Julian's Feast Day
Today, May 13th, is listed as Julian's Feast Day in the Catholic Church's calendar, while May 8th is celebrated as Julian's Feast in the Anglican, Episcopalian, and Lutheran churches. The two dates stem from Julian's own mention of the day when she received her sixteen Revelations of Divine Love. The confusion arose because two medieval copyists wrote down different versions of that date: "the viii day of May" or "the xiii day of May," 1373. The first date appears in the Sloane manuscript which was more popular in the early twentieth century; so May 8th became the preferred feast day. The second date is listed in the Paris manuscript and may be due to a misreading or mis-recording by the copyist of the Roman numerals.
Whether we honor Julian on May 8th (which happens to be my son's birthday!) or the 13th, she is very much with us and available to us every single day of the year. She cares as much, if not more, for us as she did for the men and women and children of her own time, for whom she prayed constantly. Imagine if one could go to the window of her anchorage and ask her a question, consult her about a problem or seek her advice as so many did for over twenty-five years. When one read sand meditates on her account of her Revelations, it seems like one is actually "at her window" and able to receive an answer. The Lord speaks so clearly through her. Here are a few blessed Julian "sayings" to meditate on today:
I saw that he is to us all things that are good and comfortable to help us. He is our clothing, that for love wraps us and winds us, embraces us and totally encloses us, hanging about us for tender love, that he may never leave us. And so in this sight I saw that he is all things that are good, as to my understanding.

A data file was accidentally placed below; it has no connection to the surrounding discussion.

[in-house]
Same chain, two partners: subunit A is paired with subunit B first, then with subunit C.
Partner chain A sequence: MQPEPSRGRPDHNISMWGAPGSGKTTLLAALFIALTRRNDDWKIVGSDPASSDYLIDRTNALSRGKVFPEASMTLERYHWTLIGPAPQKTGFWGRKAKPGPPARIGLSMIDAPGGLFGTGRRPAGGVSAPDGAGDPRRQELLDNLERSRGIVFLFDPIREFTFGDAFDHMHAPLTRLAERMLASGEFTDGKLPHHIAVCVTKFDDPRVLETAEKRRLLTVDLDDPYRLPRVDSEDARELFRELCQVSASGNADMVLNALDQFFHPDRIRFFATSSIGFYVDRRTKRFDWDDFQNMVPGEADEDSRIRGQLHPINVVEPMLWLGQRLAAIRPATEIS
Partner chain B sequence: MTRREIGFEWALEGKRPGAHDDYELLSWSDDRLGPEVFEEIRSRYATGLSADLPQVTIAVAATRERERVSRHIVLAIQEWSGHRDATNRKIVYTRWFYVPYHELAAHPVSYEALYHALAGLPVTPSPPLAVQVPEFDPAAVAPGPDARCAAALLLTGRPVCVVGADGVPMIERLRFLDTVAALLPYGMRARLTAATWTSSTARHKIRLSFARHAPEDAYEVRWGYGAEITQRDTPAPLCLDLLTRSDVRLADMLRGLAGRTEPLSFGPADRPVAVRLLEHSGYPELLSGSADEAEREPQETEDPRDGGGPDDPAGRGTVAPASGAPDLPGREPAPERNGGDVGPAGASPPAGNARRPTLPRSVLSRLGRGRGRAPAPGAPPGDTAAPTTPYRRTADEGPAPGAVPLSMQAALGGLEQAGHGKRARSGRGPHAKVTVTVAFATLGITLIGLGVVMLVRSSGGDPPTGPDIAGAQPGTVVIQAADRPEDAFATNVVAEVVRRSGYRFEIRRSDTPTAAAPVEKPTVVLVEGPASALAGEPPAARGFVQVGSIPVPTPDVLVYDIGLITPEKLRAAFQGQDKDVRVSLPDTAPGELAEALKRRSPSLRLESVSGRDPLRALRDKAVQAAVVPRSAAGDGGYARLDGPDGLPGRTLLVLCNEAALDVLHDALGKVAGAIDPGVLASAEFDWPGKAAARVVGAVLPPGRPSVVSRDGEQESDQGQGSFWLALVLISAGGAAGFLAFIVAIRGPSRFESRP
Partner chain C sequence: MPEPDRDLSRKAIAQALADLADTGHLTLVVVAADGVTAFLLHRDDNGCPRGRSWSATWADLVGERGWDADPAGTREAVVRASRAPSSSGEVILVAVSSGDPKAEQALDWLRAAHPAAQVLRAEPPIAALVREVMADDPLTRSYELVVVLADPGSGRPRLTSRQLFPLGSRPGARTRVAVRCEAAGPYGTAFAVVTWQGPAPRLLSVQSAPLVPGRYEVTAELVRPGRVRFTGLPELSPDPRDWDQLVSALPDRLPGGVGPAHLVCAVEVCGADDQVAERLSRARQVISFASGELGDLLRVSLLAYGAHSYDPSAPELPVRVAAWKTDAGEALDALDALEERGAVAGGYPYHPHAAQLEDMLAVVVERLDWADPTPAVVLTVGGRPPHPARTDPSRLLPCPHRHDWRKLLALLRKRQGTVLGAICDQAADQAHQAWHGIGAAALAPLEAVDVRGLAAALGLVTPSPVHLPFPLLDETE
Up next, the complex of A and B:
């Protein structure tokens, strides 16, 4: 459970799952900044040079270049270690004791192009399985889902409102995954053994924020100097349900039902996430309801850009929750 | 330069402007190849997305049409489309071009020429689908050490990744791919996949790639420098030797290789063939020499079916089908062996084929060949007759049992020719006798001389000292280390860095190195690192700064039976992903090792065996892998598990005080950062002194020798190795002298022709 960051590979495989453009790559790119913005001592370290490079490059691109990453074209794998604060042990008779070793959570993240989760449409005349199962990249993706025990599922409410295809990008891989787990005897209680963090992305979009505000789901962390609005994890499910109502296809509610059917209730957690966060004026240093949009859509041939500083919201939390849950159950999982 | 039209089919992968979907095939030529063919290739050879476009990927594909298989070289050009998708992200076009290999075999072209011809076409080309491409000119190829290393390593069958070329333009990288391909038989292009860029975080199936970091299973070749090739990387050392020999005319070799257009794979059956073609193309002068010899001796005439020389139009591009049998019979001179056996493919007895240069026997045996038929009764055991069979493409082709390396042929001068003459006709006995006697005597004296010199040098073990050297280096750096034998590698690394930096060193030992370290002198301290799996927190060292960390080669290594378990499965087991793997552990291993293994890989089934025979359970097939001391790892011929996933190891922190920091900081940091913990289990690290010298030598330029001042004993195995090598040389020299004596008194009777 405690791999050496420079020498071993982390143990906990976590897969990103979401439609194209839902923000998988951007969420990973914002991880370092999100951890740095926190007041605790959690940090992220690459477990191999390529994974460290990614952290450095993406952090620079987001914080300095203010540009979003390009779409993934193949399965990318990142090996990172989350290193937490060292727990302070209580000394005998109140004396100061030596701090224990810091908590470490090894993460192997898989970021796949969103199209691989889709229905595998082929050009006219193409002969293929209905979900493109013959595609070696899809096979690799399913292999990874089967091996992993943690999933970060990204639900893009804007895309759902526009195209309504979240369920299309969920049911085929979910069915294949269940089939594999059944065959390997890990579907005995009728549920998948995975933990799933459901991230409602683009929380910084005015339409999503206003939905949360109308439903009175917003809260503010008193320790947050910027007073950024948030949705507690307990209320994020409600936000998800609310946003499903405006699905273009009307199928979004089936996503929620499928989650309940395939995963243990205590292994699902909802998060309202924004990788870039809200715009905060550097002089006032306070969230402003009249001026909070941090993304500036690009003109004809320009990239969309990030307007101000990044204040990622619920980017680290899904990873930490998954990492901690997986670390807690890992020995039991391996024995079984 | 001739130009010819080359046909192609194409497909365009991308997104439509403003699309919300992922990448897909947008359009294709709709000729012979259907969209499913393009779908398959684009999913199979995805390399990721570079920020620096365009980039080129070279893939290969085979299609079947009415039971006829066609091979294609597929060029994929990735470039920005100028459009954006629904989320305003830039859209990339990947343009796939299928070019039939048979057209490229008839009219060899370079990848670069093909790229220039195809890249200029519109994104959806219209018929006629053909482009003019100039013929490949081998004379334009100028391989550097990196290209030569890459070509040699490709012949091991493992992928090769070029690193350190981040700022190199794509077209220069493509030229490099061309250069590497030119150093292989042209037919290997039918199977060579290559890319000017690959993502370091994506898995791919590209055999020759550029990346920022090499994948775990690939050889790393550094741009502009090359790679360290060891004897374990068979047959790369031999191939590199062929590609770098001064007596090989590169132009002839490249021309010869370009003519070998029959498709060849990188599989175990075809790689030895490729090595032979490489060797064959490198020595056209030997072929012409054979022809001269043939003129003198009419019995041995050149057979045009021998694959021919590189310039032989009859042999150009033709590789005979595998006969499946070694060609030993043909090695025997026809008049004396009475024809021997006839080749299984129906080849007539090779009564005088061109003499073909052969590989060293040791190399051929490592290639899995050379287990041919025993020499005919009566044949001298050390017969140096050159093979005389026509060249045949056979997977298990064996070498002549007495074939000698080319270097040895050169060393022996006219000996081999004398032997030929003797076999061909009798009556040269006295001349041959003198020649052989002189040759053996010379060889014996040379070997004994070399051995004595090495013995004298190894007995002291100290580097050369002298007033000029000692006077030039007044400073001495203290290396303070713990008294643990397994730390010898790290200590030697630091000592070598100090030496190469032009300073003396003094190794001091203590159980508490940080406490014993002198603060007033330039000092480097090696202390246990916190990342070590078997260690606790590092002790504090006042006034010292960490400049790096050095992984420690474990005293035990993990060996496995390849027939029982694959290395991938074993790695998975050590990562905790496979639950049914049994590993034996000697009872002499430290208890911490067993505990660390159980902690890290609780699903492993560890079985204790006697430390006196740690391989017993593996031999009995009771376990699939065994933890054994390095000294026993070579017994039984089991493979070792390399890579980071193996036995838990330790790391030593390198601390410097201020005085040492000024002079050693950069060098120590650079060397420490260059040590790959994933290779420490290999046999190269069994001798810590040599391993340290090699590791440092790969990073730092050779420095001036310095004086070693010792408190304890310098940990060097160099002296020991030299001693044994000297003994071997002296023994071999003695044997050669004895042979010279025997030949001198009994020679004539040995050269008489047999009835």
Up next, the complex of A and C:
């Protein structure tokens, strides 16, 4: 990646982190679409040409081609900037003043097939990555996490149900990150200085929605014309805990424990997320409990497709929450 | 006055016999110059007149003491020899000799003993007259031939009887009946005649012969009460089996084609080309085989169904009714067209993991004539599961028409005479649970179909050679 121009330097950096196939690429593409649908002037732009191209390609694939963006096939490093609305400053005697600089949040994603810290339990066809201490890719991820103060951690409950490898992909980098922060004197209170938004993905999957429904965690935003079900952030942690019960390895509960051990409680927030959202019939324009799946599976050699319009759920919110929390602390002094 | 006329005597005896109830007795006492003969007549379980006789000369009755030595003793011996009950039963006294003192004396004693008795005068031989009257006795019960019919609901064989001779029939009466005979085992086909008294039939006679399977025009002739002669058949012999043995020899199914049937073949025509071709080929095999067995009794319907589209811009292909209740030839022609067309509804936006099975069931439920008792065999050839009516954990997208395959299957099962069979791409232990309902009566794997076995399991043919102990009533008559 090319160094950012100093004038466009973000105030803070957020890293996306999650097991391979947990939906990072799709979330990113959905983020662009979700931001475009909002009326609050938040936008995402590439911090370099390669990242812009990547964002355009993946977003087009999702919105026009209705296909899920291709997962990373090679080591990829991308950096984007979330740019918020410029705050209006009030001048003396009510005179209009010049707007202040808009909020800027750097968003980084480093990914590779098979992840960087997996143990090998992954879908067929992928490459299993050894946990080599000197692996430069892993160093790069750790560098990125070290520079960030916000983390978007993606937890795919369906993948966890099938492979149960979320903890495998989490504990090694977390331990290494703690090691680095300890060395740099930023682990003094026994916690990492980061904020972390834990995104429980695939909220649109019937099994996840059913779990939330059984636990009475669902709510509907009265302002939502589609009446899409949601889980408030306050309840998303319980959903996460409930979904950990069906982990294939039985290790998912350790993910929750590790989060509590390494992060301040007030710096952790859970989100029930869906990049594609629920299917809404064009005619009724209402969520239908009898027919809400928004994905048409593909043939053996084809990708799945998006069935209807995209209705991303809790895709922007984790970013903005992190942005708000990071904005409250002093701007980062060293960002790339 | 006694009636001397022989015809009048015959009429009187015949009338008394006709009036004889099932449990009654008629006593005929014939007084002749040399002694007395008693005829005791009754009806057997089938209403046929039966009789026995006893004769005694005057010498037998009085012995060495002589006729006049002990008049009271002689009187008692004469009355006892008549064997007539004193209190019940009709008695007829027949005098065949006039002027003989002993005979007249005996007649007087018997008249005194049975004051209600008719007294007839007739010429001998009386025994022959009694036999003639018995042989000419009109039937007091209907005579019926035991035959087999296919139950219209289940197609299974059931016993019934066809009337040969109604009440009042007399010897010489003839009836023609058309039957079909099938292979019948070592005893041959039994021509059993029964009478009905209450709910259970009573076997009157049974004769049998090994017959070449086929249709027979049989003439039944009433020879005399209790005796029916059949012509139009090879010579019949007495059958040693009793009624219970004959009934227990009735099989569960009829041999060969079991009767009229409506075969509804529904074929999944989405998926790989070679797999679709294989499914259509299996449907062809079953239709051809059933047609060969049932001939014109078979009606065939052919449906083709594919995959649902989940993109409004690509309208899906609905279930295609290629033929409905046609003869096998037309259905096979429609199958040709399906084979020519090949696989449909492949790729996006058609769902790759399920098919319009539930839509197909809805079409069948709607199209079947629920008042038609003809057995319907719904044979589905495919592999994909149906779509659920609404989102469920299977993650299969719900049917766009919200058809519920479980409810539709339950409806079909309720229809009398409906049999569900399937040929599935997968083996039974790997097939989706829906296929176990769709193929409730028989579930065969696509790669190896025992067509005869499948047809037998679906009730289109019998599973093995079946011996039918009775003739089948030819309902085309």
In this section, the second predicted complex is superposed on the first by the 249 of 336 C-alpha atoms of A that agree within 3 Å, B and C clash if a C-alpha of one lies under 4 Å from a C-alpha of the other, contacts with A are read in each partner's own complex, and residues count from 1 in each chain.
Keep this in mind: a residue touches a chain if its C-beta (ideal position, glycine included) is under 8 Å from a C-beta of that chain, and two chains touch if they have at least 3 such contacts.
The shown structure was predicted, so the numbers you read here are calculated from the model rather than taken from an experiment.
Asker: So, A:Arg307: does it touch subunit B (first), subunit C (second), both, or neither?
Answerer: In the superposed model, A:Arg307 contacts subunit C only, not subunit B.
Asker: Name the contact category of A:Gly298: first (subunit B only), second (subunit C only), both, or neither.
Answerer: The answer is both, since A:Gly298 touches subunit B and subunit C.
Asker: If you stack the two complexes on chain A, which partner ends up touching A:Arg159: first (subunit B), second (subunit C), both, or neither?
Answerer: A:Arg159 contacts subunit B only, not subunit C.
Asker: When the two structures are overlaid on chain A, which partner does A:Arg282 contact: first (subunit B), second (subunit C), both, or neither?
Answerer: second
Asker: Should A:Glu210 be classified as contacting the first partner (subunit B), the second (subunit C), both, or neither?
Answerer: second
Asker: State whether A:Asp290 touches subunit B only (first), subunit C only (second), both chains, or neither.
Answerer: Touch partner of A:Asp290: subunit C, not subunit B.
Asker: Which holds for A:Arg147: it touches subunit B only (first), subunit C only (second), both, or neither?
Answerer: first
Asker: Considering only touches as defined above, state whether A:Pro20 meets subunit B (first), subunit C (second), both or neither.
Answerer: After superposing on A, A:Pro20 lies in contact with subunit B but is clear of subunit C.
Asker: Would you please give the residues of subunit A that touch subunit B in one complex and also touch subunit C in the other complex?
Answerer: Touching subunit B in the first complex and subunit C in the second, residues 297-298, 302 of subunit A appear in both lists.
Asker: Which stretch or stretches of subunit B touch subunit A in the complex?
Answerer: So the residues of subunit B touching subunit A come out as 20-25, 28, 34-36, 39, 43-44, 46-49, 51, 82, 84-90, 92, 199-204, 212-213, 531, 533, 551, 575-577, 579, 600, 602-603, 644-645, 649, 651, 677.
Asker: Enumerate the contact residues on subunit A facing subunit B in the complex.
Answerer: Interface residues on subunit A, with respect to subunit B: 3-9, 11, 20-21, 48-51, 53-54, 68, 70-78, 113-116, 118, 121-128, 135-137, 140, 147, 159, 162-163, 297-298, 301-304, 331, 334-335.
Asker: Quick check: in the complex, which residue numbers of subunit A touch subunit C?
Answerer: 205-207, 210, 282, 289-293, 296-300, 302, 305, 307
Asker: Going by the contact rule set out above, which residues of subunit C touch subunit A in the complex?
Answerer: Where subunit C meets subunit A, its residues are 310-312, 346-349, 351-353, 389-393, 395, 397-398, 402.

For the goodness of God is the highest prayer, and it comes down to us, to the lowest part of our need. It quickens [revives] our soul and brings it into life, and makes it grow in grace and virtue. It is nearest in nature and readiest in grace. For it is the same grace that the soul seeks and ever shall, til we know our God truly, who has us all in himself beclosed.
For our soul is so preciously loved by him that is highest, that it overpasses [transcends] the knowing of all creatures: that is to say, there is no creature that is made that may know how much and how sweetly and how tenderly our maker loves us. And therefore we may, with his grace and his help, stand in ghostly beholding, with everlasting marveling in this high, overpassing, unmeasurable love that our lord has for us because of his goodness. And therefore we may ask of our lover, with reverence, all that we will.
For God is all that is good, as to my sight, and God has made all that is made, and God loves all that he has made. And he who generally loves all his evencristens for God, he loves all that is. For in mankind that shall be saved is comprehended all: that is to say, all that is made and the maker of all. For in man is God, and in God is all. And he who loves thus, he loves all.
These are only a few gems quoted (in my own translation from the Middle English) from Julian's First Revelation. We may go to Julian's Gospel and receive her special word for us on a daily basis. She always speaks right to the point of our joy or sorrow, giving us exactly what we need in the present moment. What a gift she is to our life and times!
On this holy day, may we give Julian thanks for her indomitable faith, her astounding hope, and her abounding love, all of which never cease to comfort and encourage us in the love and joy of Jesus Christ. And may Julian bless you abundantly today and every day. Happy Feast Day, Julian!
All text copyrighted © 2013-2018 by Veronica Mary Rolf. All rights reserved. No copying or reprints allowed without the express permission of the Author.